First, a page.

Ahoy there! This painting celebrates the poetry of the shipping forecast, a great British institution. As well as prints, available here, I also have greetings cards, coasters, and tea towels of this award-winning painting!
High quality poster/print of an original painting on 200gsm archival quality paper, printed with UV stable inks and signed by the artist. Comes to you wrapped and rolled in a sturdy postal pack. Price includes P&P to UK addresses.
Choose either A1 size 594 x 841mm or A2 420 x 594mm
Original painting – acrylic on canvas - size: 51cm x 76cm – price includes P&P to UK addresses. Comes to you unframed.
A2 size prints, signed by the artist are £35. Price includes P&P to UK addresses.
A digital file of this painting is available for you to print at a format and size of your choice for £35. Read more…
I also have greetings cards and tea towels of this painting.
About my map of bird migration to the British Isles
In my painting “Bird migration map”, I have shown just 42 of the hundreds of species that migrate to the British Isles. I have shown, schematically, the approximate direction each species goes and when. These are not hard and fast rules. My map is intended as an aide-memoire for anyone interested in the natural world to see – at a glance – the main comings and goings of our most welcome avian guests.
In February 2021, my friend Stephen messaged me. “…How great it would be to have some kind of graphic representation of when in the year various birds arrived and departed. It occurred to me that something like this might be ideally suited to one of your lovely paintings.” He planted the seed of an idea in my head, and it started to grow. It took me a while to work out how I was going to show it, and to narrow down a list of species to illustrate.
In spring and autumn, millions of birds migrate to and from the British Isles*. And some move within the archipelago. Some come from Europe and others travels tens of thousands of miles. For example, the bee-eater may come north from Iberia for the summer, while the swallow comes all the way from Southern Africa.
They migrate for many reasons. Overwintering birds come here to escape the harsh dark and cold further north – geese, waders, divers, ducks. Summer visitors come to breed, knowing they’ll be able feast on the summer bounty airborne insects – think swifts and warblers. Discover more about bird migration.
How do birds know where to migrate to?
Science is still trying to work out exactly how the birds ‘know’ where to go and when to go there. In most cases, day length appear to the be cue that sets the birds off. It is thought that some species are born with an innate endogenous ability to know where to go – a kind of mental map. Other species need to ‘learn’ the migration routes, accompanying their parents and siblings on their first journey. And it may be a combination of these factors. In my painting I have illustrated the main means that it is thought that the birds use: Earth’s magnetic field, the position of the sun, moon and stars, including Polaris, the Pole Star.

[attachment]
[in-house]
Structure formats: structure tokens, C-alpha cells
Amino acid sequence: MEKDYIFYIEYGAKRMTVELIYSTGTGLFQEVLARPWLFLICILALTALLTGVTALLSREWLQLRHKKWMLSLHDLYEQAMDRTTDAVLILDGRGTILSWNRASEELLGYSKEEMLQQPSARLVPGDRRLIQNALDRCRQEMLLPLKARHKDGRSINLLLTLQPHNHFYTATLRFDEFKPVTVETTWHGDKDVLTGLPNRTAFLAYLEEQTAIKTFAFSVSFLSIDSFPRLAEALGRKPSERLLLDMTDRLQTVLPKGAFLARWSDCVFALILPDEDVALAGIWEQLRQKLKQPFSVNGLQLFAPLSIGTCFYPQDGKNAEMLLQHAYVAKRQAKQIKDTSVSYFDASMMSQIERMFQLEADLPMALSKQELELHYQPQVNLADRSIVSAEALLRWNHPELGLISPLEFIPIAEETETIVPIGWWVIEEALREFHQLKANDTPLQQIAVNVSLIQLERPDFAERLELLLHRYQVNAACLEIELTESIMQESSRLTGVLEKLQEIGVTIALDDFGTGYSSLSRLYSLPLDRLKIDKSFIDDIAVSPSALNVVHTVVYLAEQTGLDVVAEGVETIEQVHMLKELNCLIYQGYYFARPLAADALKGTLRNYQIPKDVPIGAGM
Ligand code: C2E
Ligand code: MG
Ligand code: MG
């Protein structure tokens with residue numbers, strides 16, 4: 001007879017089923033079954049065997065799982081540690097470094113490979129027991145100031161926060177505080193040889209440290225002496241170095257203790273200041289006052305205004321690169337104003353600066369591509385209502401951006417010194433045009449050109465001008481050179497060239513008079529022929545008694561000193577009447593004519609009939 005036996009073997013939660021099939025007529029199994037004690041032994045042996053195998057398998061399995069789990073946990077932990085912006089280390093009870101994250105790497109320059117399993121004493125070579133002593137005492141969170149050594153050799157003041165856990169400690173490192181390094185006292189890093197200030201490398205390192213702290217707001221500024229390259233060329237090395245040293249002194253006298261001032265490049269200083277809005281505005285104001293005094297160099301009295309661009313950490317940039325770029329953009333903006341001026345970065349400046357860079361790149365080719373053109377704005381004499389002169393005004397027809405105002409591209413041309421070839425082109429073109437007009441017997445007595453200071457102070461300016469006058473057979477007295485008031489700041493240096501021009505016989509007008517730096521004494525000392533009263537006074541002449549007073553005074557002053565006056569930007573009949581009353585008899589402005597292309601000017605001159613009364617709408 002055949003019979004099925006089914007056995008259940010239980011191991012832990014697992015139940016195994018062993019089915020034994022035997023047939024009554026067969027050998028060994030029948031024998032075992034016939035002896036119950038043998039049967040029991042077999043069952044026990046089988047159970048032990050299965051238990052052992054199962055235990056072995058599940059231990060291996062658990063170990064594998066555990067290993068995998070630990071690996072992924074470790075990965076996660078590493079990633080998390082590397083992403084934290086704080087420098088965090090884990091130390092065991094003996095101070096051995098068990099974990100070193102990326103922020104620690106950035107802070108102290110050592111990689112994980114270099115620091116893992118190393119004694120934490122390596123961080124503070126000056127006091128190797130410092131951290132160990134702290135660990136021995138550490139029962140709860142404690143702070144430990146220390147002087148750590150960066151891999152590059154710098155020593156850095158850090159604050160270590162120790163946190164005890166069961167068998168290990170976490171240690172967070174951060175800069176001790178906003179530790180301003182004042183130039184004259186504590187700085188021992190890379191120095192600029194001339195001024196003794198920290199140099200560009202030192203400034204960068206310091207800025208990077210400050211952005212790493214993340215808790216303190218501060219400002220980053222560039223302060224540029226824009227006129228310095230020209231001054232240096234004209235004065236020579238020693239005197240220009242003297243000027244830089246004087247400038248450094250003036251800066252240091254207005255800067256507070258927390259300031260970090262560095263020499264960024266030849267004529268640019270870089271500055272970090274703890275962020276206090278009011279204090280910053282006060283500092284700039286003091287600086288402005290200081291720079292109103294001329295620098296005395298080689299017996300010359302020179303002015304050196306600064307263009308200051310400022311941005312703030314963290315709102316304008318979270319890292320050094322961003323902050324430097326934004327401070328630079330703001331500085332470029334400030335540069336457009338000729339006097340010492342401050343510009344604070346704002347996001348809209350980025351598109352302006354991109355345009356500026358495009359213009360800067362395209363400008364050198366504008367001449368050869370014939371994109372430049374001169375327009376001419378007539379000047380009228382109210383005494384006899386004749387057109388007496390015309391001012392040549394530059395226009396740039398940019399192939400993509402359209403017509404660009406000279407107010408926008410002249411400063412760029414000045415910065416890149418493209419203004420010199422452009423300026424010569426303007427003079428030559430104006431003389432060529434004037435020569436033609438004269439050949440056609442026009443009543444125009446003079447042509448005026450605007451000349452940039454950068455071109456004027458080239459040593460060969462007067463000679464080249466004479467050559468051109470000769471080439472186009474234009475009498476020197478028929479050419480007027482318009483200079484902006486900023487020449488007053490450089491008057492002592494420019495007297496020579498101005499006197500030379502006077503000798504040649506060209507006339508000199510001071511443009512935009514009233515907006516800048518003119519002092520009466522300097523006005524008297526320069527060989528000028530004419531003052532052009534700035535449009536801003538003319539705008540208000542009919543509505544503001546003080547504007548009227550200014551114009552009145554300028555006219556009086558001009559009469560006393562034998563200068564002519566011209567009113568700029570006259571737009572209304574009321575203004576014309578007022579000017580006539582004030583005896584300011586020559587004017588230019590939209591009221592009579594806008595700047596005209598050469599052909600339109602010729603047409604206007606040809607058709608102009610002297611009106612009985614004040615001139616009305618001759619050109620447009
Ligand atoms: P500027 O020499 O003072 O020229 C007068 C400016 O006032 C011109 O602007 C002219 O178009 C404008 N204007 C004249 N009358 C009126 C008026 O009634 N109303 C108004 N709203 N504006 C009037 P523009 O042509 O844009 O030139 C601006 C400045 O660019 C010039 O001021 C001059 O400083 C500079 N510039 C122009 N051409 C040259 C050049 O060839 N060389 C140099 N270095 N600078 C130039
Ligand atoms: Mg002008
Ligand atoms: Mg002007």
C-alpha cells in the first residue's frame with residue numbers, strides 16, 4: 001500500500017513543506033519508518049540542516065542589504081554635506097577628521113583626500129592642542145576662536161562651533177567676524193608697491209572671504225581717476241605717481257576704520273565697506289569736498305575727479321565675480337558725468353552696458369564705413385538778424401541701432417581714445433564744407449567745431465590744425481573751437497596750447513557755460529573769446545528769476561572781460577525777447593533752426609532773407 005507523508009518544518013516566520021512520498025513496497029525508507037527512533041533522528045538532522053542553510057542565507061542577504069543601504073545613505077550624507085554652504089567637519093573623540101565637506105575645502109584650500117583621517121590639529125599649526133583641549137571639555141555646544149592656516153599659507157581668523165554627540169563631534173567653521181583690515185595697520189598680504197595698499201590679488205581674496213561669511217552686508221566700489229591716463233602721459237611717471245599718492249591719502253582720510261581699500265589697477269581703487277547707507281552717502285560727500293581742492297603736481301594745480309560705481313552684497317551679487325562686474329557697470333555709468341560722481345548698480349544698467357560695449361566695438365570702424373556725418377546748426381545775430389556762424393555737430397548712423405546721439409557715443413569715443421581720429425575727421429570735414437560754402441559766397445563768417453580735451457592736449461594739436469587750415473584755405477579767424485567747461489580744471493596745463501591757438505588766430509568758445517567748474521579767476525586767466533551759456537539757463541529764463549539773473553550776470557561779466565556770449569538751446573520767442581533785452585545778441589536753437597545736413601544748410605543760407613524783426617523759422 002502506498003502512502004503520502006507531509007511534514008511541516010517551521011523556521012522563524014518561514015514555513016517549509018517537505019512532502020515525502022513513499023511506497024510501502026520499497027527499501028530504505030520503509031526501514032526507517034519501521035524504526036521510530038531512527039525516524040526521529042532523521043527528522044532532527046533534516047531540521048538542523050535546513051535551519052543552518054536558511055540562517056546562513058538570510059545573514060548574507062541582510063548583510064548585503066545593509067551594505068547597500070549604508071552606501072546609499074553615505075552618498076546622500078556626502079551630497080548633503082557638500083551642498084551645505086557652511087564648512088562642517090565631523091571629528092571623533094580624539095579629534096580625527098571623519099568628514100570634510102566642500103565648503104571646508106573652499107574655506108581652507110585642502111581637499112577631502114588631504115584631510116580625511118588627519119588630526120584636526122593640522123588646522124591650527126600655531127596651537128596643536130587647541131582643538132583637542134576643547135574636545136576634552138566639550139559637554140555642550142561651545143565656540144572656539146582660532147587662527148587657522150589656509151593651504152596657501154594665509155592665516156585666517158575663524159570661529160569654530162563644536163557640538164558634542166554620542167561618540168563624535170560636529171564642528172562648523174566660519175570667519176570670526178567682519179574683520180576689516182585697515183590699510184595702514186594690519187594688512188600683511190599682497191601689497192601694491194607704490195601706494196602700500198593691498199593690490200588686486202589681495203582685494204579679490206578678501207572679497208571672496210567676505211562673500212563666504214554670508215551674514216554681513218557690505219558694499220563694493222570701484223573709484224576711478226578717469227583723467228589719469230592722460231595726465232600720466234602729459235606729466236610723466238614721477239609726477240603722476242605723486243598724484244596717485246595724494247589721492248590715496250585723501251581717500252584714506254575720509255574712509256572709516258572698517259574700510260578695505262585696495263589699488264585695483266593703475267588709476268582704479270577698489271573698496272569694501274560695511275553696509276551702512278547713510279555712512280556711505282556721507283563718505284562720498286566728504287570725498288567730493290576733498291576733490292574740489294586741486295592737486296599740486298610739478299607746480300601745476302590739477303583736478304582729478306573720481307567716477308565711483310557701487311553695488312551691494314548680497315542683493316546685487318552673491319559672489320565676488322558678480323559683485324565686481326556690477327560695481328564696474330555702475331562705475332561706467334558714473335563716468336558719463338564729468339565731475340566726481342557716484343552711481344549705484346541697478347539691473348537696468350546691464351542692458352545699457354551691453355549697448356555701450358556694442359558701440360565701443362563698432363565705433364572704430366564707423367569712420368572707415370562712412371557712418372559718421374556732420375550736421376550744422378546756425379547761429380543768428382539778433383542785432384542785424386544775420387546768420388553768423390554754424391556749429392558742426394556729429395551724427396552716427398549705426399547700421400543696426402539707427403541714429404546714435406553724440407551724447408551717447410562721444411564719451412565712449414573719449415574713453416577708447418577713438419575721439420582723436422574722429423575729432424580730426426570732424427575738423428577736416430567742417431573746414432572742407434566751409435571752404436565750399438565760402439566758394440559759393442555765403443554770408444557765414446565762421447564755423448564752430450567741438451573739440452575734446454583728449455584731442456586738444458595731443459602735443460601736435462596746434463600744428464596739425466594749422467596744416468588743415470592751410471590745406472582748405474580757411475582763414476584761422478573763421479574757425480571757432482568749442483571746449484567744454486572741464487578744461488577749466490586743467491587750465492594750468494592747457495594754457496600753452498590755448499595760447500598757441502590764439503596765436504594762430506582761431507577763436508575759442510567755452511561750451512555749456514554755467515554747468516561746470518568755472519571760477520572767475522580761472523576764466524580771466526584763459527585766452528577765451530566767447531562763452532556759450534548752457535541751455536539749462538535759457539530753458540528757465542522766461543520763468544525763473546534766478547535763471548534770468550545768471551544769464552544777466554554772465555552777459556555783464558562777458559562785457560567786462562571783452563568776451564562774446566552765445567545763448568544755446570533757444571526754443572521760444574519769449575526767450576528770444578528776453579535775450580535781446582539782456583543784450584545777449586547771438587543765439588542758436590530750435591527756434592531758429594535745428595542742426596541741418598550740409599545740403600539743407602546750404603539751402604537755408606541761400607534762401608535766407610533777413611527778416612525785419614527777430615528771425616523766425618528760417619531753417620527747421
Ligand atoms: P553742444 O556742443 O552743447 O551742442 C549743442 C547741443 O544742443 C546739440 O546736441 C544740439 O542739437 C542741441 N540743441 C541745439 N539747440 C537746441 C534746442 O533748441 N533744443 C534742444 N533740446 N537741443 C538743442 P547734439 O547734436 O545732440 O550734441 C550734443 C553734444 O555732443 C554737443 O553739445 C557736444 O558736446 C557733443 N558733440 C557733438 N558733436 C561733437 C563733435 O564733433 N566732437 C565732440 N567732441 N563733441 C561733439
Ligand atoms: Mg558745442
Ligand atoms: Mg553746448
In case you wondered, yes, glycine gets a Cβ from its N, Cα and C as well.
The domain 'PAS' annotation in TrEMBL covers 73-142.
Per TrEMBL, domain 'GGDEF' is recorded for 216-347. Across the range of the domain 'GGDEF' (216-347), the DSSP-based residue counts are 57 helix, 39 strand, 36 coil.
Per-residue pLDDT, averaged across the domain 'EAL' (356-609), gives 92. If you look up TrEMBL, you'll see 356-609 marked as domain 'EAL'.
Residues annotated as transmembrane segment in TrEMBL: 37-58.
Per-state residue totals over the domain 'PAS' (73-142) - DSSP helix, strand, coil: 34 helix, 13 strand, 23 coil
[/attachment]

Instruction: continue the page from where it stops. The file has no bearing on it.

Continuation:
What’s not on my bird migration map
Much as I would like to have done, I couldn’t possibly fit all the birds that come to and from the British Isles on my bird migration map. I know there are glaring omissions. The nightingale is left out because I was looking for distinctive species to show. Nightingales are a small brown bird and don’t wear snazzy costumes; they don’t need to with such a gorgeous song. And warblers. So many warblers! Reed warblers, grasshopper warblers, garden warblers, willow warblers, chiffchaffs, etc. Many of them look very, very similar. I chose one warbler to represent them all, the sedge warbler, because I see them every summer, and I love their bonkers song.
*The British Isles
I have used the term “British Isles” as a geographic term to describe the archipelago that lies off the north west coast of continental Europe. It consists of two sovereign nations: 1. the Republic of Ireland, and 2. the United Kingdom of Great Britain and Northern Ireland. I use the term “British Isles” in an entirely non-political way. The birds know nothing of history and politics – they see only opportunity, safety and place to make a living.
In my world, migrants are always welcome!
Birds turn up in my paintings all the time. Have a look!
When you visit the University of Oxford’s Natural History Museum its a job to know where to look - at the marvellous exhibits? Or at the magnificent architecture? In this painting you'll spot a dodo, some dinosaur footprints, the swifts that nest in the tower, a dinosaur skeleton and so much more! My favourite bit is the frog in the jar. What's your's? The title comes from Charles Darwin's book 'The Origin of Species' in which he wrote of his theory of evolution by natural selection: "There is grandeur in this view of life..." The print is last one of a limited edition (of 4) hand-made drypoint tinted with watercolour - 450mm x 700mm.
This painting was made on the iPad, digitally, using pixels on a screen. Therefore there is no single 'original' painting, every print of it is original! You can buy a high-resolution digital file for one-off personal use and get a print of this painting made in a size and format of your choice. Read how this option works.
Hint: this painting looks stunning as a print on canvas.